Kalybos, Zynell Zuh, and others exposed for spreading fake Covid-19 messages from UNICEF

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Kalybos, Zynell Zuh, and others exposed for spreading fake Covid-19 messages from UNICEF
Kalybos, Zynell Zuh, and others exposed for spreading fake Covid-19 messages from UNICEF

In the wake of the sudden outbreak of the deadly coronavirus, some celebrities around the world have taken it upon themselves to help in spreading out messages in the bid to educate their fans on Covid-19.

In Ghana, some celebrities have tried to do some but it has backfired after they were exposed by the United Nations Children’s Fund (UNICEF) referring to their messages as false and not from their outfit.

This was revealed by the communication manager from UNICEF who revealed that the information shared by Kalybos, Zynnell Zuh and Jessica Larny is not from the organization, neither is it factual or correct.

Meanwhile UNICEF, according to its Communications Manager never requested or contracted anyone to share such “erroneous posts.

“UNICEF certainly did not request these people sharing it to post on their profiles. UNICEF did not request anyone to share these erroneous posts. They are not accurate,” it said.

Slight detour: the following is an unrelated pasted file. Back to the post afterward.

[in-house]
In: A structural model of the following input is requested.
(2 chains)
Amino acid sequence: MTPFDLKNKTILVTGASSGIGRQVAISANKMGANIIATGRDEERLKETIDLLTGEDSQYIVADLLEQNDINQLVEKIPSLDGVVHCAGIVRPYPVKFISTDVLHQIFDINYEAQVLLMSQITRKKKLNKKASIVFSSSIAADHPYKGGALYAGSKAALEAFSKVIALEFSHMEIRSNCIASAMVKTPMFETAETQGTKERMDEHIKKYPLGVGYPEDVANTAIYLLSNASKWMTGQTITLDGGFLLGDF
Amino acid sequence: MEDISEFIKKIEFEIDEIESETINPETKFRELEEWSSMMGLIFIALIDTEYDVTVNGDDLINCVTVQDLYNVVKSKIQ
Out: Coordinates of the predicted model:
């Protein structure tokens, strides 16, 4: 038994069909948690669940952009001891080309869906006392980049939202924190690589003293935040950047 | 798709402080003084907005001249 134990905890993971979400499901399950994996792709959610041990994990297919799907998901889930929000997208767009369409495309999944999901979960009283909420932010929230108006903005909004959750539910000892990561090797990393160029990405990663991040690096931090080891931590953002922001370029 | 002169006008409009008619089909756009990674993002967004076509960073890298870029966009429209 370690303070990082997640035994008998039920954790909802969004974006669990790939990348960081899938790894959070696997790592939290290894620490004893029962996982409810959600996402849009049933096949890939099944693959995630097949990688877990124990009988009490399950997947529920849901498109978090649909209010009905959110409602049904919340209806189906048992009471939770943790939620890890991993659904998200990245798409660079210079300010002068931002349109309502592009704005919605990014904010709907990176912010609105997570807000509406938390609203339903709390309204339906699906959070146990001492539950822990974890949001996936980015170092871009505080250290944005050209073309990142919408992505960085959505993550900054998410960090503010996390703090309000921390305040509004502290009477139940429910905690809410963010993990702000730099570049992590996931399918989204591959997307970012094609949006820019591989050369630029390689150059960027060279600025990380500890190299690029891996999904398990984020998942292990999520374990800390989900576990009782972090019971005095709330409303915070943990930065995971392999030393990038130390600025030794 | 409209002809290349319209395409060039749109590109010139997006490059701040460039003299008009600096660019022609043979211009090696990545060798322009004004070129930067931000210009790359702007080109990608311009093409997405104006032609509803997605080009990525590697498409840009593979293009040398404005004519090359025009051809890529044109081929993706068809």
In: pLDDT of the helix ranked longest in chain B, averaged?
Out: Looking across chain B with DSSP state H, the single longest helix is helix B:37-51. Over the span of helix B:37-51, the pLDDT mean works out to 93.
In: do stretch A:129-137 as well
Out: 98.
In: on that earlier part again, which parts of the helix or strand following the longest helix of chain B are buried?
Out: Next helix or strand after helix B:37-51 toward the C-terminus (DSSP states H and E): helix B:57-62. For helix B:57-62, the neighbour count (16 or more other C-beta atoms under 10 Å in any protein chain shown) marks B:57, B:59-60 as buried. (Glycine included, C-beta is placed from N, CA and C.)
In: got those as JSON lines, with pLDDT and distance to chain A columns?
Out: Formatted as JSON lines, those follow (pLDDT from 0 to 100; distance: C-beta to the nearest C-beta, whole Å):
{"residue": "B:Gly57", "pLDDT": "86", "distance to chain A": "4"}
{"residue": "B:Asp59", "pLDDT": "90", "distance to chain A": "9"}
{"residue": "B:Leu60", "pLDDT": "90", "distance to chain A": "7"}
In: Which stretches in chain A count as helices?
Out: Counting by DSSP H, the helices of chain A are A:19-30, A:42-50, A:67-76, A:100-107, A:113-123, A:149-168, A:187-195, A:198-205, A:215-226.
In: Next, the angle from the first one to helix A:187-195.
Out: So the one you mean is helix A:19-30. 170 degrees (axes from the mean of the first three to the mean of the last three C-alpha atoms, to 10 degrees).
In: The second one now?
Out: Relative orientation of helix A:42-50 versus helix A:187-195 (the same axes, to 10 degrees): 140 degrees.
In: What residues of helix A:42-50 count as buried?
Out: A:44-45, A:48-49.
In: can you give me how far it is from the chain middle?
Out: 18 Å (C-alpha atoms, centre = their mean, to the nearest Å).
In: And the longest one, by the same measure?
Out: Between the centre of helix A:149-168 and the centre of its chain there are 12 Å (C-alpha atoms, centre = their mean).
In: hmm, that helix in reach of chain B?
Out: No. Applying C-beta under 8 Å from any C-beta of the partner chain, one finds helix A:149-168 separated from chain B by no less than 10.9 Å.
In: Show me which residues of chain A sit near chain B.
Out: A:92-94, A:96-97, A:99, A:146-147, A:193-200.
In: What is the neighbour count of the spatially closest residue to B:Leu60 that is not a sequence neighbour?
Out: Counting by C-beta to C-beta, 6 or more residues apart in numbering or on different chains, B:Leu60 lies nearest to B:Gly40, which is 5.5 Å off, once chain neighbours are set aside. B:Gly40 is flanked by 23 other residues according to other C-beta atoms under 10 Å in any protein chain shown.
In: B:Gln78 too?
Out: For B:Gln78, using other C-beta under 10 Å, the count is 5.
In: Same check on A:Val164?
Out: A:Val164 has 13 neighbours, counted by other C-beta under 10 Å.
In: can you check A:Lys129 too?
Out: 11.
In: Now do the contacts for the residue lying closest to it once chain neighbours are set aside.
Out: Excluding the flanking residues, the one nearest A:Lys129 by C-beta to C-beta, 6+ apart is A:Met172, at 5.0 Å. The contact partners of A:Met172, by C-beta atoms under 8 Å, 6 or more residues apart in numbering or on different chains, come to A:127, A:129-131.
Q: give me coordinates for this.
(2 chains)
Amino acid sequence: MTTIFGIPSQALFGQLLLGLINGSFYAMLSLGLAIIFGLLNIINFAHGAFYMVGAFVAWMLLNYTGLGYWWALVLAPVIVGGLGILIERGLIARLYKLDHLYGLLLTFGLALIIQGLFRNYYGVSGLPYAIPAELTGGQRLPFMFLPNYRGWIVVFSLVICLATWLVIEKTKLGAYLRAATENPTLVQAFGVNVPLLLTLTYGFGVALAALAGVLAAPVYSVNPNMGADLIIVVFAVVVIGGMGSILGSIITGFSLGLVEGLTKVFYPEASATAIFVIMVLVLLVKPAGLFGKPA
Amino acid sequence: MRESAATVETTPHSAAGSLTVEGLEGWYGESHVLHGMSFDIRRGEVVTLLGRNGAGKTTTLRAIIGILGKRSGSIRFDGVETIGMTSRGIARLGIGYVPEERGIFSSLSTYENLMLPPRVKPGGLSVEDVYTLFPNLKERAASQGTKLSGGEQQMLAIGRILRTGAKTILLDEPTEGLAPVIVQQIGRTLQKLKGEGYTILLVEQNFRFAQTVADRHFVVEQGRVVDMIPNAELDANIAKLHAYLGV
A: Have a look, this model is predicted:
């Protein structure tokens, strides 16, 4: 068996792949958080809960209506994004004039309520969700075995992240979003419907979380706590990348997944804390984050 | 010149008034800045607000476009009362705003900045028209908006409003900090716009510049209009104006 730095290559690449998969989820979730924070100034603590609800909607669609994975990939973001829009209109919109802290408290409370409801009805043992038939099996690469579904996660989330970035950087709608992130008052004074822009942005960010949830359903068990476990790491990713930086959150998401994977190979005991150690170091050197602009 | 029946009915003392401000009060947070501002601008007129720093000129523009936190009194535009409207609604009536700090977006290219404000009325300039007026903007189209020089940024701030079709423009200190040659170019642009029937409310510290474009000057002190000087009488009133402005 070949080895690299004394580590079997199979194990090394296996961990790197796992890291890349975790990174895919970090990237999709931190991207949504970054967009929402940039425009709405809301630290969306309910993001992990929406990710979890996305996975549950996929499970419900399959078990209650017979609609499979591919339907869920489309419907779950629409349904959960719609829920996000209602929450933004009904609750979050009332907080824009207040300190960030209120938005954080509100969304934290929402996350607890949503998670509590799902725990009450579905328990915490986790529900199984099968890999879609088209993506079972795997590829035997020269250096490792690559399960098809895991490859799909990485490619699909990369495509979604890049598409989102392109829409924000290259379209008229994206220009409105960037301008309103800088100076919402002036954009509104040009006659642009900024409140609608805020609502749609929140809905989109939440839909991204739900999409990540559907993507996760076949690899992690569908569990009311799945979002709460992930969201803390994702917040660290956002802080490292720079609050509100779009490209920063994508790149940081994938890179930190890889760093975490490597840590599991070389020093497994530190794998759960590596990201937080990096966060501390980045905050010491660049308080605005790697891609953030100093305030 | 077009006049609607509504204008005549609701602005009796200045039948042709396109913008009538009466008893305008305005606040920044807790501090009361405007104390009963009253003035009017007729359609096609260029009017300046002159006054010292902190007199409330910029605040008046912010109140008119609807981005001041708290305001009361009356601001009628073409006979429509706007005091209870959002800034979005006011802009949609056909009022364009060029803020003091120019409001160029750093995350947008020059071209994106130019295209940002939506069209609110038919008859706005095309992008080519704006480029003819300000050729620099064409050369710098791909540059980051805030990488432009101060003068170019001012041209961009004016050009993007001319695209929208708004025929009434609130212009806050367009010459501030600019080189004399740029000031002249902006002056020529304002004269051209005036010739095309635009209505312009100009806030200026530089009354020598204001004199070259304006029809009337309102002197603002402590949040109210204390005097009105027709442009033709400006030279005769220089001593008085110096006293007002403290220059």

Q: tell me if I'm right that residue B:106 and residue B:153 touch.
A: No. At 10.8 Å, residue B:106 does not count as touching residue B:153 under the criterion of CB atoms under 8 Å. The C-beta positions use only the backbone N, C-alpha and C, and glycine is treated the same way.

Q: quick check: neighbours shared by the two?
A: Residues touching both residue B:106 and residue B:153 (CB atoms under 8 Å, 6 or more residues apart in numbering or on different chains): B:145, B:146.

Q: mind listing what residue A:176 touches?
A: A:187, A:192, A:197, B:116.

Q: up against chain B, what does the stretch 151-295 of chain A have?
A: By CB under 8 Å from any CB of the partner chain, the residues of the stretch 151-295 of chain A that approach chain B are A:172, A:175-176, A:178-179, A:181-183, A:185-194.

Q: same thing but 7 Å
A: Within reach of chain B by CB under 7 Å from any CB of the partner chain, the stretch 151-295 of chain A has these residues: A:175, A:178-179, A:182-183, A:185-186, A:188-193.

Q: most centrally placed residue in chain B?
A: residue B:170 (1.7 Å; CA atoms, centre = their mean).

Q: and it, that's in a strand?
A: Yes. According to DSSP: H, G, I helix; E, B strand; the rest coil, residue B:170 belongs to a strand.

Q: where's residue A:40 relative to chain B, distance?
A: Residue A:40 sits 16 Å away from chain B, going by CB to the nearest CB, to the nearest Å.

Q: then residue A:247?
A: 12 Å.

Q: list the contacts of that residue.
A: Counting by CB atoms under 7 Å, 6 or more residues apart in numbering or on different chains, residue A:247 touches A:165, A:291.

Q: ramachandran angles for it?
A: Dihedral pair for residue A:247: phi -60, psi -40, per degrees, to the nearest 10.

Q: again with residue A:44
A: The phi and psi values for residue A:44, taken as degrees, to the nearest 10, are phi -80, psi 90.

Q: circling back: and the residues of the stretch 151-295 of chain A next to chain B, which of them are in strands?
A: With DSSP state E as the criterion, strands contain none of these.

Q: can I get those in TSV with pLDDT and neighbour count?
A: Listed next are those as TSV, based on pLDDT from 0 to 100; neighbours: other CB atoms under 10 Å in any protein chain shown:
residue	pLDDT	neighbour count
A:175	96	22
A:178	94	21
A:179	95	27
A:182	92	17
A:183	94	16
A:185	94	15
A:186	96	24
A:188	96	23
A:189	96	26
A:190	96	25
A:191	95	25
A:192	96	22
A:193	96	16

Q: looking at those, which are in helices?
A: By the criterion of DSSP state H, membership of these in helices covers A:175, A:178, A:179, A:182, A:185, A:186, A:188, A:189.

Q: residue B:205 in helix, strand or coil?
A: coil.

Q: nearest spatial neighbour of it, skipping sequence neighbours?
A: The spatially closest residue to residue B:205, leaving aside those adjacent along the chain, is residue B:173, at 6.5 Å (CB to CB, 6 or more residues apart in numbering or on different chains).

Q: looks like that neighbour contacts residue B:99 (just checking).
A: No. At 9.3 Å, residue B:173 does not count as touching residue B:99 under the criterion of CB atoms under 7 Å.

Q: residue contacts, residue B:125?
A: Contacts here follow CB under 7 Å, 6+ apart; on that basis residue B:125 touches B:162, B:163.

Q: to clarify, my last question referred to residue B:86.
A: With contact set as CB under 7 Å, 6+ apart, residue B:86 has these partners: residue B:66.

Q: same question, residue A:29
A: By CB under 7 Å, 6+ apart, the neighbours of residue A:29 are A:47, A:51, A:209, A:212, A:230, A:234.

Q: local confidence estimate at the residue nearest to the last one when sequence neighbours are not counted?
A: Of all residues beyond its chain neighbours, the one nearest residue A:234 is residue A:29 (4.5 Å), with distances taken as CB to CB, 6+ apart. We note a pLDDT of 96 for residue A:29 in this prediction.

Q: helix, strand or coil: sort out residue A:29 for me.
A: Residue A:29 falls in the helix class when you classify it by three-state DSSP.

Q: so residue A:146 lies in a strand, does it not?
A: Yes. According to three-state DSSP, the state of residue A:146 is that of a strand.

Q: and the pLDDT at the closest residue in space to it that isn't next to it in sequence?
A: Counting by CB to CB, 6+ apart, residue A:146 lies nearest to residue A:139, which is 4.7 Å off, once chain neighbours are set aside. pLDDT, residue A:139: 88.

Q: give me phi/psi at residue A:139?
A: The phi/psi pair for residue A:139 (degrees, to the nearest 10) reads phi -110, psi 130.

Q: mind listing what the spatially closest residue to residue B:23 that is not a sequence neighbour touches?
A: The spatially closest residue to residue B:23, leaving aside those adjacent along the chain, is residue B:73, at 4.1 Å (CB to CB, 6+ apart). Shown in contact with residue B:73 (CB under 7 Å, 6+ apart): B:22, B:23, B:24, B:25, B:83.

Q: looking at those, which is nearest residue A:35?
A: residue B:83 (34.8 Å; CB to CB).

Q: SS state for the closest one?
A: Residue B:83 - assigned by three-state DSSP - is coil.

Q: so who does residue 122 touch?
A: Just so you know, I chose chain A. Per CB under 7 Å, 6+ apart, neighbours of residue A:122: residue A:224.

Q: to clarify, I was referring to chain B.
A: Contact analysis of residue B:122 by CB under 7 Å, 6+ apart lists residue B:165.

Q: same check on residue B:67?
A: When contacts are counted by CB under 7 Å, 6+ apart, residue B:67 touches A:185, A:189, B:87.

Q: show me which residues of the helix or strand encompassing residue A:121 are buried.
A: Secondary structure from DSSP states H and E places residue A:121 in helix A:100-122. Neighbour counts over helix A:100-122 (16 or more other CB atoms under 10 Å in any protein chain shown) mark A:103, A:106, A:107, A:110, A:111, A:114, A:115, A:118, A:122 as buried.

The fake notice with a UNICEF logo dated March 4, 2020 has been circulating on social media in different countries and with these celebrities sharing it with their followers.

Per those “erroneous” posts, these celebrities claim avoiding ice cream and other cold foods can help prevent the onset of the disease.

But according to UNICEF, “the information is of course, wholly untrue. The other frivolous claims, which have been refuted by scientists worldwide, are that “any mask prevents its entry” because the corona virus is a large cell side and that drinking hot water and sun exposure will kill the virus.”

Information on UNICEF website however explained that “Sharing inaccurate information and attempting to imbue it without authority…is dangerous and wrong”.

It is believed that the combined number of followers who may have viewed the said post on Instagram or Facebook accounts is around 2.5 million people.

In Ghana however, social media personalities are therefore urged to remove any mention of the “fake UNICEF notice” and ensure that any information disseminated comes from an official website (www.unicef.org/ghana) and verified sources.

UNICEF therefore averred that in this period of panic and confusions, social media followers should also seek formal guidance on COVID-19 prevention from more educated and accountable news sources.

The misinformation was noticed on the “Adventures of Kalybos” Facebook stories, Richard Asante’s Instagram stories (under user kalybos1) over the past weekend, Zynell Zuh’s Instragram post on March 22 and in a video post on Jessica Larny’s Instagram account on March 17, 2020.

Part of this tect culled from Mynewsgh

source: ghpage.com

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